Deutch v. United States

PETITIONER: Deutch
RESPONDENT: United States
LOCATION: Knetsch Residence

DOCKET NO.: 233
DECIDED BY: Warren Court (1958-1962)
LOWER COURT: United States Court of Appeals for the District of Columbia Circuit

CITATION: 367 US 456 (1961)
ARGUED: Mar 22, 1961 / Mar 23, 1961
DECIDED: Jun 12, 1961

Facts of the case

Question

Media for Deutch v. United States

Audio Transcription for Oral Argument - March 22, 1961 in Deutch v. United States

Audio Transcription for Oral Argument - March 23, 1961 in Deutch v. United States

Earl Warren:

Deutch, Petitioner, versus United States.

Mr. Maroney, you may continue your argument.

Kevin T. Maroney:

Mr. Chief Justice and may it please the Court.

Earl Warren:

Oh, pardon.

Oh, pardon me, I -- I did call you.

Kevin T. Maroney:

May it please the Court.

I will first address myself to the problem that was being discussed yesterday afternoon, and I'll try to state our legal position on that issue and then if I can state the facts in this particular case, I think it will demonstrate that the problem is minimized when applied to the facts here.

Now --

William O. Douglas:

As you -- as you were ending your -- your argument yesterday, you were referring to page 293, where Mr. Tavenner for the Committee, refers to hearings at -- at Albany.

Kevin T. Maroney:

Yes, sir.

William O. Douglas:

But I think it is significant or it maybe significant that -- the -- the subject matter of those hearings was -- is not to be found in -- in the transcript of this hearing.

Kevin T. Maroney:

Well --

William O. Douglas:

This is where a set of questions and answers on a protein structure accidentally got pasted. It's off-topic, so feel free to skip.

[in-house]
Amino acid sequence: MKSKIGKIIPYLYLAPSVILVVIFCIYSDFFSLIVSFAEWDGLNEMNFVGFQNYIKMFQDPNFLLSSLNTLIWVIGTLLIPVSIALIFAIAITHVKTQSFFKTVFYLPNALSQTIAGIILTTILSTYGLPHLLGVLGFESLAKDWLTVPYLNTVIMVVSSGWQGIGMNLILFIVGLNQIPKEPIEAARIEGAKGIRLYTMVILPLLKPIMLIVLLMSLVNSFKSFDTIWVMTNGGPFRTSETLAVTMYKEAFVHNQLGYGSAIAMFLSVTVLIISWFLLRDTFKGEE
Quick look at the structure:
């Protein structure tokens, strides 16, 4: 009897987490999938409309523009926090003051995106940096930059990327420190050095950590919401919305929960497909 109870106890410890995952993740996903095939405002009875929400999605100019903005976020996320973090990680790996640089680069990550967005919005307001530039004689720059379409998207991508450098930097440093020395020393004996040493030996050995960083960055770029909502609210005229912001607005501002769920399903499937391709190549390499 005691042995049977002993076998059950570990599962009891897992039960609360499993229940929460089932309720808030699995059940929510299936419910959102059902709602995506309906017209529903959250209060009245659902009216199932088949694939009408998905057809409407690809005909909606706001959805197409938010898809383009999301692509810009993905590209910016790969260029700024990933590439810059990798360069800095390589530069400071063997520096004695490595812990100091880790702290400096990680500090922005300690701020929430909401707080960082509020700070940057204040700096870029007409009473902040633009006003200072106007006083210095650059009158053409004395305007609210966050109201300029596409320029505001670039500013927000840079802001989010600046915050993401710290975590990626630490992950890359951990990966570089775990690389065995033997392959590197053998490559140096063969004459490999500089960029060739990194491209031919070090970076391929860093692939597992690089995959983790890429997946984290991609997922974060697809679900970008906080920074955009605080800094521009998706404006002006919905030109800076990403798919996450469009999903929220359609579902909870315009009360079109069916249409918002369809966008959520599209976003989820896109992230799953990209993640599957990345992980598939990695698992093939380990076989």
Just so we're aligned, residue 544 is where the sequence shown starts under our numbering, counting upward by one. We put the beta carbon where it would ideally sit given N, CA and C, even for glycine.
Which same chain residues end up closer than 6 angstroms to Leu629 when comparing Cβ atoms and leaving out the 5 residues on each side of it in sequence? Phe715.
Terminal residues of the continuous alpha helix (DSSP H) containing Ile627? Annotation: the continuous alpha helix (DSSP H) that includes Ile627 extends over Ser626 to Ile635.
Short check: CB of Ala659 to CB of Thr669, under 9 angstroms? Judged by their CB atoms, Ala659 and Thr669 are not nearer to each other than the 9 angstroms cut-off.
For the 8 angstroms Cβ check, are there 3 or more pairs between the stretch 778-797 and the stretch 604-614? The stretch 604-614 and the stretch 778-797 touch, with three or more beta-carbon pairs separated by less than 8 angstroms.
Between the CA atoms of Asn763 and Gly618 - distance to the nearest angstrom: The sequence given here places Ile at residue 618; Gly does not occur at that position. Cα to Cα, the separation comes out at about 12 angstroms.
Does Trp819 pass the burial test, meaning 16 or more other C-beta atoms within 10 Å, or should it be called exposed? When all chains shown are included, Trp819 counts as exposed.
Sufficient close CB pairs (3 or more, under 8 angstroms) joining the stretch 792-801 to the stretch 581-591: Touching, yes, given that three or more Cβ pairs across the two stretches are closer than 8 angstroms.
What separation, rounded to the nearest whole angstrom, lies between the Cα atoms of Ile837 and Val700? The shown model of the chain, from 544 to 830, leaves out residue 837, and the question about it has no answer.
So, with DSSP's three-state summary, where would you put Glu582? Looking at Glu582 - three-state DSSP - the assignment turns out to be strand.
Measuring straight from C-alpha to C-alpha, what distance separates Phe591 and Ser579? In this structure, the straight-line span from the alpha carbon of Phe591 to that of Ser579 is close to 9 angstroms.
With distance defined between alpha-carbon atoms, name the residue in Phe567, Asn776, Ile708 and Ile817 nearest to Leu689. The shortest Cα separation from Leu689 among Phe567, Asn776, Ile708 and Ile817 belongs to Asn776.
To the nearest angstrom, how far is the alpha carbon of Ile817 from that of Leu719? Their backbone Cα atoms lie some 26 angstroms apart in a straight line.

We don't even know from this hearing whether it was about this - this matter or some other matter or some related matter.

Kevin T. Maroney:

Well, Your Honor, I -- I do think it would be most helpful --

William O. Douglas:

And then the --

Kevin T. Maroney:

-- if I --

William O. Douglas:

-- may I just continue, just a minute --Yes, sir.

-- to indicate that the -- the reach of my question, because if you turn to page 33, you -- you come to Judge Holtzoff's opinion in which he says a little below the middle of the page, what those Albany hearings were about.

And it was about trade unionism and Communist-controlled trade unions.

Kevin T. Maroney:

And --

William O. Douglas:

None of which -- none of which appears from the reference to the Albany hearings on page 293.

Now, maybe that's irrelevant, but at least those are the problems that were in my mind --

Kevin T. Maroney:

Well --

William O. Douglas:

-- that you were closing yesterday.

Kevin T. Maroney:

Well, I think we can show, Your Honor, from -- from the record here that the Albany hearings were concerned with Communism in education and Communism in labor.

William O. Douglas:

As I've -- I've read those and that's -- there's -- there's no doubt about that.

Kevin T. Maroney:

That's right, sir.

And in the course of those hearings, it developed that there was -- there may have been an interrelationship between Communism at Cornell.

Communist infiltration at Cornell and Communism in labor and the Committee was pursuing the leads that it had to that effect.

Those leads lead directly to Mr. Deutch.